As a Tabla player for more than eight years and as of a few years now, a player of several other drums stemming from Africa to Asia, South America to Australia, I feel that the label multi-percussionist has been used on me by many, rather than just a Tabla player and so I want to explore more and find out exactly what percussion is to me.
Percussion is a huge, unwieldy topic; looking at every type of drumming in every culture on Earth at once is an impossible undertaking. However, the wonderful thing about our chosen instrument family is, everything rhythmic is relevant to what we do.
The world of percussion is truly amazing. Drum kit players can learn from congueros, Bodhran enthusiasts from Dumbek dance accompanists, rudimental drummers from the rhythms of African tribes. It can go on and on. Just take the amount of dances we can learn with our fingers on the Tabla and the variety of beats that come through.
Today we have an unprecedented opportunity to explore the instruments, rhythms and concepts of a variety of cultures and incorporate those ideas into our own playing, regardless of genre. As an Asian multi-percussionist, I believe in learning from all the generations of drummers who applied stick, hand, or other implements to skin, stone, wood, metal or plastic before me.
Personally, it has been the Tabla that has driven all my other percussions. Learning both classical and folk Tabla and consistently listening to music all the time, has allowed me to master dozens of beats and rhythms from all around the world mentally before getting out the drums and experimenting on them for the purest sounds.
The real secret to being a great drummer, and something I’ve learnt and have been working on for a long while is essentially really simple. And, I’m not going to say PRACTICE, because that’s pretty obvious anyway. The secret is to listen to music. Listen to all genres of music, be it heavy metal, rock, soft sounds, pan pipes, R&B, hip hop, jazz, soul, funk, folk, classical, etc. By doing this, you develop a rhythmical ear that can adjust to all music and pick up on anything.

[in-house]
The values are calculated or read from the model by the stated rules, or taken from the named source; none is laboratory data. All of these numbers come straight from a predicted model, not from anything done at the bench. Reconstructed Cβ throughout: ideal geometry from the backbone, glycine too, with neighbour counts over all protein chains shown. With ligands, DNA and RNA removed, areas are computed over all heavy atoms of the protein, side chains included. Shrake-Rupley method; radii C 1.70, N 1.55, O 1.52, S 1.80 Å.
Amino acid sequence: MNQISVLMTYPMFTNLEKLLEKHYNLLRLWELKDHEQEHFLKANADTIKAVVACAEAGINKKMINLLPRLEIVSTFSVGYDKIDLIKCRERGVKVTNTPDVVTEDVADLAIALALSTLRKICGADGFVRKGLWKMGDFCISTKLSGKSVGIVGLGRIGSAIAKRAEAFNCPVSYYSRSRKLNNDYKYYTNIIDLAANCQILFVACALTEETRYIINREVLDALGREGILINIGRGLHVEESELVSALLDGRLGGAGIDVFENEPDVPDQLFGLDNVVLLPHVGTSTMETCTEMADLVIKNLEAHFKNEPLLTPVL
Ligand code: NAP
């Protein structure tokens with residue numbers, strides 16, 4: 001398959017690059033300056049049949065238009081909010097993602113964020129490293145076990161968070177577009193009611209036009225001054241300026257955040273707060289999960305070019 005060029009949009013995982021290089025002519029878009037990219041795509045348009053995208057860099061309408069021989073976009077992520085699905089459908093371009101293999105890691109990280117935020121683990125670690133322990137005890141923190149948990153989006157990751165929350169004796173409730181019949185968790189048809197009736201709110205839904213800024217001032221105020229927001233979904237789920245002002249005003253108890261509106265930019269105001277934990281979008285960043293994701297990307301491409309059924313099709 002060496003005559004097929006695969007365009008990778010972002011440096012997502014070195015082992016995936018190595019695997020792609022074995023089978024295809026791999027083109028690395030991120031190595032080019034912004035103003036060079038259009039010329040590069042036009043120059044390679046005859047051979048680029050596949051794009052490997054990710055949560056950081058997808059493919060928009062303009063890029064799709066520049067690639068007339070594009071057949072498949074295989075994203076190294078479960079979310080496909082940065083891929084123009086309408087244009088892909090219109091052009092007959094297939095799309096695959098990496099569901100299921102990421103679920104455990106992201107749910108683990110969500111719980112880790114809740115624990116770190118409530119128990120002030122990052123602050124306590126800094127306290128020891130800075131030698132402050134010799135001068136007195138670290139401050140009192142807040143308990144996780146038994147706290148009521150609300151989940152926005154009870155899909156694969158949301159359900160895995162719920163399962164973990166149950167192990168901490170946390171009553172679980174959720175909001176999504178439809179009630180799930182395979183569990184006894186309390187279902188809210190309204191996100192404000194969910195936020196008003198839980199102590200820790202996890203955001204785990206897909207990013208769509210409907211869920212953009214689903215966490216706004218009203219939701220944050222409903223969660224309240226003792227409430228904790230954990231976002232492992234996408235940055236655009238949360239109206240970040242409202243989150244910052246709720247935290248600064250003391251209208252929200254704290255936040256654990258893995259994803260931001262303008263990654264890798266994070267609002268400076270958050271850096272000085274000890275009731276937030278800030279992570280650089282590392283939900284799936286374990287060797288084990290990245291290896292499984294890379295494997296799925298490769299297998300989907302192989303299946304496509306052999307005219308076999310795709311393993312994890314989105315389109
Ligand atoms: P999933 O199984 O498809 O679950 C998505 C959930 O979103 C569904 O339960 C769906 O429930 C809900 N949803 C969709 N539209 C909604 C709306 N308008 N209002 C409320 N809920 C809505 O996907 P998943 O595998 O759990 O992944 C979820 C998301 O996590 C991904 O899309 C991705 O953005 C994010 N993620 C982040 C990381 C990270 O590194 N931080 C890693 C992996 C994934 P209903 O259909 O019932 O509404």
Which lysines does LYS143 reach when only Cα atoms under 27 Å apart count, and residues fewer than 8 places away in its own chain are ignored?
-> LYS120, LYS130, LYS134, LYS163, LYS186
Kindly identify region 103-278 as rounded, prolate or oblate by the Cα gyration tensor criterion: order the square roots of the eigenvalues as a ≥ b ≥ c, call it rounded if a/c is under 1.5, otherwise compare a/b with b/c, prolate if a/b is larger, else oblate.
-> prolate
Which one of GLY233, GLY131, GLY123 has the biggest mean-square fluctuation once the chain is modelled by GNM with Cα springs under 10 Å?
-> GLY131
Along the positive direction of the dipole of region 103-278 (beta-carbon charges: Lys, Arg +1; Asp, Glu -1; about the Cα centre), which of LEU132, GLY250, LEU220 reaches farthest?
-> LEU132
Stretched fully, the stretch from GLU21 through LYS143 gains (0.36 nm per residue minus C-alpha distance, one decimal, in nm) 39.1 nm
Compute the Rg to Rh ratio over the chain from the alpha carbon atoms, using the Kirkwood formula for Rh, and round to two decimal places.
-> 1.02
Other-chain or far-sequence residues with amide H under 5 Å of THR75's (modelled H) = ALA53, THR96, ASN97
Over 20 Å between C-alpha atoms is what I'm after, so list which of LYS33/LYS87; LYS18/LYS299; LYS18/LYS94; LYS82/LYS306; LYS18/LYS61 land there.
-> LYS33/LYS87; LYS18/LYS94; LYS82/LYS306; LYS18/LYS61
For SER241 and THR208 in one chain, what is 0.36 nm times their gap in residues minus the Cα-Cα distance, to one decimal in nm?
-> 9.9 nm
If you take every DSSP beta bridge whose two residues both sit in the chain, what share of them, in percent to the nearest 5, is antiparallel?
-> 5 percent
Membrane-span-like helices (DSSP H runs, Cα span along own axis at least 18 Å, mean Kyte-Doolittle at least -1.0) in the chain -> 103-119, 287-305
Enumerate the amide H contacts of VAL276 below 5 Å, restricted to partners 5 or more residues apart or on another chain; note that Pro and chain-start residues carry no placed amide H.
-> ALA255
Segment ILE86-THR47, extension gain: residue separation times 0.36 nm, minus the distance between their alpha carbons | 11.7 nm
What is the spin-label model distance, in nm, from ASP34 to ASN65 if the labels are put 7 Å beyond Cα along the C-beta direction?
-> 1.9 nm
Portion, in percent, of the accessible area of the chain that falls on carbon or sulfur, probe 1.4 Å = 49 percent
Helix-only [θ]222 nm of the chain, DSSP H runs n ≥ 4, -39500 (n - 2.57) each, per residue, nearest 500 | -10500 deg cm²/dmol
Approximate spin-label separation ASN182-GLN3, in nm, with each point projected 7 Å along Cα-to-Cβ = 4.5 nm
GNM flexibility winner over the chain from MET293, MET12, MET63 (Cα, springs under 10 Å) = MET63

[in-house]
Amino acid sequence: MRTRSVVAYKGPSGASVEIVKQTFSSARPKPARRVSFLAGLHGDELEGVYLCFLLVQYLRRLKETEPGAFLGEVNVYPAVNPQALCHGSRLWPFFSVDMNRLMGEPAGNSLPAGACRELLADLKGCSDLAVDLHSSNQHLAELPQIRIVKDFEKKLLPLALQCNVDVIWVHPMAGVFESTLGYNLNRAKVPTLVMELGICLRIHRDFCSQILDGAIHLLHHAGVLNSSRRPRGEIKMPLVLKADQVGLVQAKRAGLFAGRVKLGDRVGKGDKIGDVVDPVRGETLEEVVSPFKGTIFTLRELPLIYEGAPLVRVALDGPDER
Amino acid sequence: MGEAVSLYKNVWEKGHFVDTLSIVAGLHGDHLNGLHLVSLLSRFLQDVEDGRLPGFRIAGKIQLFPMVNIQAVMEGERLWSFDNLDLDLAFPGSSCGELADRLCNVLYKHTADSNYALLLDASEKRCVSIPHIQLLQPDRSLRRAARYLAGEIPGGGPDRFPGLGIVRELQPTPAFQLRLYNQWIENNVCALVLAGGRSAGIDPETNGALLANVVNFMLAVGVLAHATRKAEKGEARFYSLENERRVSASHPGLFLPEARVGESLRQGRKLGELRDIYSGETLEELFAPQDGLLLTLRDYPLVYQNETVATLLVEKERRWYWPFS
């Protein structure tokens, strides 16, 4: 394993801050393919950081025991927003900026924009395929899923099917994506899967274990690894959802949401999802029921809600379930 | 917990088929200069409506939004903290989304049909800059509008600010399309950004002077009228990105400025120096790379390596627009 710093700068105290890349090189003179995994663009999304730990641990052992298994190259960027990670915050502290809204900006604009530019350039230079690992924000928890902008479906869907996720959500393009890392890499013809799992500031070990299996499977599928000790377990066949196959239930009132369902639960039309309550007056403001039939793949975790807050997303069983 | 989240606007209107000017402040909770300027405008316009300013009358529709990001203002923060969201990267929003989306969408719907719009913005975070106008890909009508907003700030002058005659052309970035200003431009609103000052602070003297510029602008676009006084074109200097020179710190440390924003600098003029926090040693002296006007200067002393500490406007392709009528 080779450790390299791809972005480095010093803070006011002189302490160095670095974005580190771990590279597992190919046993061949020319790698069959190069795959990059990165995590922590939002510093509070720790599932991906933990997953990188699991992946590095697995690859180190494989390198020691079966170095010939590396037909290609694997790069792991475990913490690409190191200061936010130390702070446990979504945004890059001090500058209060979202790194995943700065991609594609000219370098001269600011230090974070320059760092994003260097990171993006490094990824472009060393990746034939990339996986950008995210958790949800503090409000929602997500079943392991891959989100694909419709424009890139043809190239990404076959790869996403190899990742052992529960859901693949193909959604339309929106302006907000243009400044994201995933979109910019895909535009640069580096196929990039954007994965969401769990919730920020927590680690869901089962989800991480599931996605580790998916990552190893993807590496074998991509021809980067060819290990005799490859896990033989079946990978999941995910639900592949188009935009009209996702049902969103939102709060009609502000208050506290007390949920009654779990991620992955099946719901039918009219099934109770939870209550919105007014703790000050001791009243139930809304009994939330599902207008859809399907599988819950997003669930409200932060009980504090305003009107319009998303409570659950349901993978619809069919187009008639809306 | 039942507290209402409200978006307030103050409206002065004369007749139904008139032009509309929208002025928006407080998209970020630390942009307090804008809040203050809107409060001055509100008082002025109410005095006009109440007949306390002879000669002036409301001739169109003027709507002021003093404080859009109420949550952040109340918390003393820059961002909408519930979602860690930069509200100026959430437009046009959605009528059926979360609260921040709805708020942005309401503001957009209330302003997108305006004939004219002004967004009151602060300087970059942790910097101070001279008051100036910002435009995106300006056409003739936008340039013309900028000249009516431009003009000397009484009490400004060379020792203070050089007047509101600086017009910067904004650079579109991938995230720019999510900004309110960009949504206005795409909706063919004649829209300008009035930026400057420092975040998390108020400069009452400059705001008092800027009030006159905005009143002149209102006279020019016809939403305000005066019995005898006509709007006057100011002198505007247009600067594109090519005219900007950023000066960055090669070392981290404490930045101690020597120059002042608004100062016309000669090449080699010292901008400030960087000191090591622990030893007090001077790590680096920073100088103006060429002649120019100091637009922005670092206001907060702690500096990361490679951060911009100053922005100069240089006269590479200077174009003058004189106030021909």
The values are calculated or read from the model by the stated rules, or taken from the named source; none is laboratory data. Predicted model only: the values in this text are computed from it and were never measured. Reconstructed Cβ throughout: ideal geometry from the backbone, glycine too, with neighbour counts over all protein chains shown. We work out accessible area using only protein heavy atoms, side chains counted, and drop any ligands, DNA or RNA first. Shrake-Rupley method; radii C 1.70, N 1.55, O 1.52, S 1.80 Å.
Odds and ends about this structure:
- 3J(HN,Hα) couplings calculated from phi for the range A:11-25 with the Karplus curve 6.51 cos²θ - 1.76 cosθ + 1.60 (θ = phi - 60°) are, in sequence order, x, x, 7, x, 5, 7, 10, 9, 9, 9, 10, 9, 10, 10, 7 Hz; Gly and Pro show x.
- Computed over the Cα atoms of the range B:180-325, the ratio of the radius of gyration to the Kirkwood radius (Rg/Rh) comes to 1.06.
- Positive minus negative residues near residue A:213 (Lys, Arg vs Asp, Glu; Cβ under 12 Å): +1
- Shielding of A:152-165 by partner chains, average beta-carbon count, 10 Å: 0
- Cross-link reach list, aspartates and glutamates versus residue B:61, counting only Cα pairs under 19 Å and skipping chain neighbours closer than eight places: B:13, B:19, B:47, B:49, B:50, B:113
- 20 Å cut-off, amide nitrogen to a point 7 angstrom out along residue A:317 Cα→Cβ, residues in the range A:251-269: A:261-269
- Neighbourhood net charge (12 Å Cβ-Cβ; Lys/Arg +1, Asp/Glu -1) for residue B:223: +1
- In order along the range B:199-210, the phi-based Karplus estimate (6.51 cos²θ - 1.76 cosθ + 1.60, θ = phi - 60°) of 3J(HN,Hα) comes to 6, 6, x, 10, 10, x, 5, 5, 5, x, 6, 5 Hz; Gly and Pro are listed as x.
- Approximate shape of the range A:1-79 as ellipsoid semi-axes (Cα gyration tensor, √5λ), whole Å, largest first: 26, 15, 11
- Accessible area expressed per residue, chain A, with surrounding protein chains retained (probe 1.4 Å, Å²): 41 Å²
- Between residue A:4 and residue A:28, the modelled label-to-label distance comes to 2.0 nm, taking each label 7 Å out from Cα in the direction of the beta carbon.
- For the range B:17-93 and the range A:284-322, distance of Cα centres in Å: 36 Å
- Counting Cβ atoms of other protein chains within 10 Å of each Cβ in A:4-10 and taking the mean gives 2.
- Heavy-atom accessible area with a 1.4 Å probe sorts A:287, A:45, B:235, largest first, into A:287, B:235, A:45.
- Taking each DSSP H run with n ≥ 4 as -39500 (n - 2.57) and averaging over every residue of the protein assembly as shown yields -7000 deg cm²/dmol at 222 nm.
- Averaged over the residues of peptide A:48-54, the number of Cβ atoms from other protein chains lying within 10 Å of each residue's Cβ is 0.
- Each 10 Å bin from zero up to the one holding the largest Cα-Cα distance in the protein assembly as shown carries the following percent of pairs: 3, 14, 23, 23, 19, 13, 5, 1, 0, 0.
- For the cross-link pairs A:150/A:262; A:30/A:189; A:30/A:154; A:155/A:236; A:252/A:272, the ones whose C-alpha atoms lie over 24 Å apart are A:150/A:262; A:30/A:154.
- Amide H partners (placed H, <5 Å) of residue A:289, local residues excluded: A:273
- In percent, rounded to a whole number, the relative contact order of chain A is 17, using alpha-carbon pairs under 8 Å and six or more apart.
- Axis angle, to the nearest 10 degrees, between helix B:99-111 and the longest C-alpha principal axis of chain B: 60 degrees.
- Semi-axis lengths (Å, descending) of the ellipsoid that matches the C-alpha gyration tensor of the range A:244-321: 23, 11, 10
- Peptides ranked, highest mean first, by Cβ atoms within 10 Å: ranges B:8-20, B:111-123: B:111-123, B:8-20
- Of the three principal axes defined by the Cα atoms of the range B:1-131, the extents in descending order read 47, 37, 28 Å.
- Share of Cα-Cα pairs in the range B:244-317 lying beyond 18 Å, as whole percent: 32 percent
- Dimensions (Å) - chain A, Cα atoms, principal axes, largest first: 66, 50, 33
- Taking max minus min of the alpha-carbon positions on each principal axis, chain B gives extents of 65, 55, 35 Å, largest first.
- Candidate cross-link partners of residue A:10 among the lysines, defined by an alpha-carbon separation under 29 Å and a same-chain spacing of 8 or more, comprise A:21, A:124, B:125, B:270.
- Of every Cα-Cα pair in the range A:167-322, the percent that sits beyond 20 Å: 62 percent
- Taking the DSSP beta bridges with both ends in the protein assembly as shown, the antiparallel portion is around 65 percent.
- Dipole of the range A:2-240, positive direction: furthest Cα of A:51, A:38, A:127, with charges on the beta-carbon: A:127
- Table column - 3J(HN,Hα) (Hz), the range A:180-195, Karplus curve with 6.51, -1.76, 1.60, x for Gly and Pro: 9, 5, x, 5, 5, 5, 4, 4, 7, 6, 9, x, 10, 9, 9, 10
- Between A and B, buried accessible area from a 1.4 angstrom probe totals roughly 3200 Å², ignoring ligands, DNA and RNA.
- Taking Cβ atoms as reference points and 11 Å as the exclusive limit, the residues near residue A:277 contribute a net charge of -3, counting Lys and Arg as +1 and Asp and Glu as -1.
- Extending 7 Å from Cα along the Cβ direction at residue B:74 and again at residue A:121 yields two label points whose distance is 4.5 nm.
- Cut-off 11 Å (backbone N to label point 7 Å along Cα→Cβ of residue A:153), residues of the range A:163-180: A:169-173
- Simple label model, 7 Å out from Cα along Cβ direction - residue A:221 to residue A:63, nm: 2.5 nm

Let me share with you a recent example. Back in July 2005, I was recording as a percussionist in the studios for a Latin band called Puro Mambo. I took all the percussion instruments I had; both big and small, however they seemed to only want the Latin instruments. I disagreed and took out my Tabla. Although they first seemed rather sceptical, the final output with the bouncing sounds I produced from the Tabla were much more sweeter and jelled perfectly.
This for me proves that the Tabla is my king of the percussion. I think here I pay tribute to the most important legend that has made music the most important thing in my life and that is Pandit Sharda Sahai, my guru-jee. From the Tabla, I went to other teachers of different instruments and mastered other drums. All other drums have simple beats and rhythms, but with the skills I have from the Tabla, I am able to improvise drastically on simple drums to create juxtaposing sounds.
For those who learn the Tabla, I wish you well and urge you to continue with that before touching upon any other instruments. For those who want to learn the Tabla, I urge you to make your decision quick and advice not to think about other instruments yet. The Tabla will be your guidance into other instruments. Master the Tabla and you can play any instrument just by picking it up. It really is true.
Coming to a close, I’d like to share a great, quick exercise. Find a quiet room, sit quietly and relaxed, and just listen. Listen out for your heartbeat. Place a hand on your chest and feel the rhythm. The heartbeat is the mega-rhythm that connects us all, yet no two heartbeats are exactly alike. Live in that rhythm for a minute or two, and then play it on your knee. Play it, and then play variations on it. Use both hands. Feel the music of your body.
Exciting, isn’t it? A constantly playing percussion instrument right inside you, accessible any time you can be quiet and concentrate on it. Add in the rhythms of your circulatory and respiratory systems, and you have a percussion ensemble playing to the tempo of your life.
Until next time, focus on the rhythms in your body and all around you are traffic, machinery, other people, the sounds of nature. Rhythms are everywhere, and everything is informed by rhythm. Tap into that, and your playing will benefit.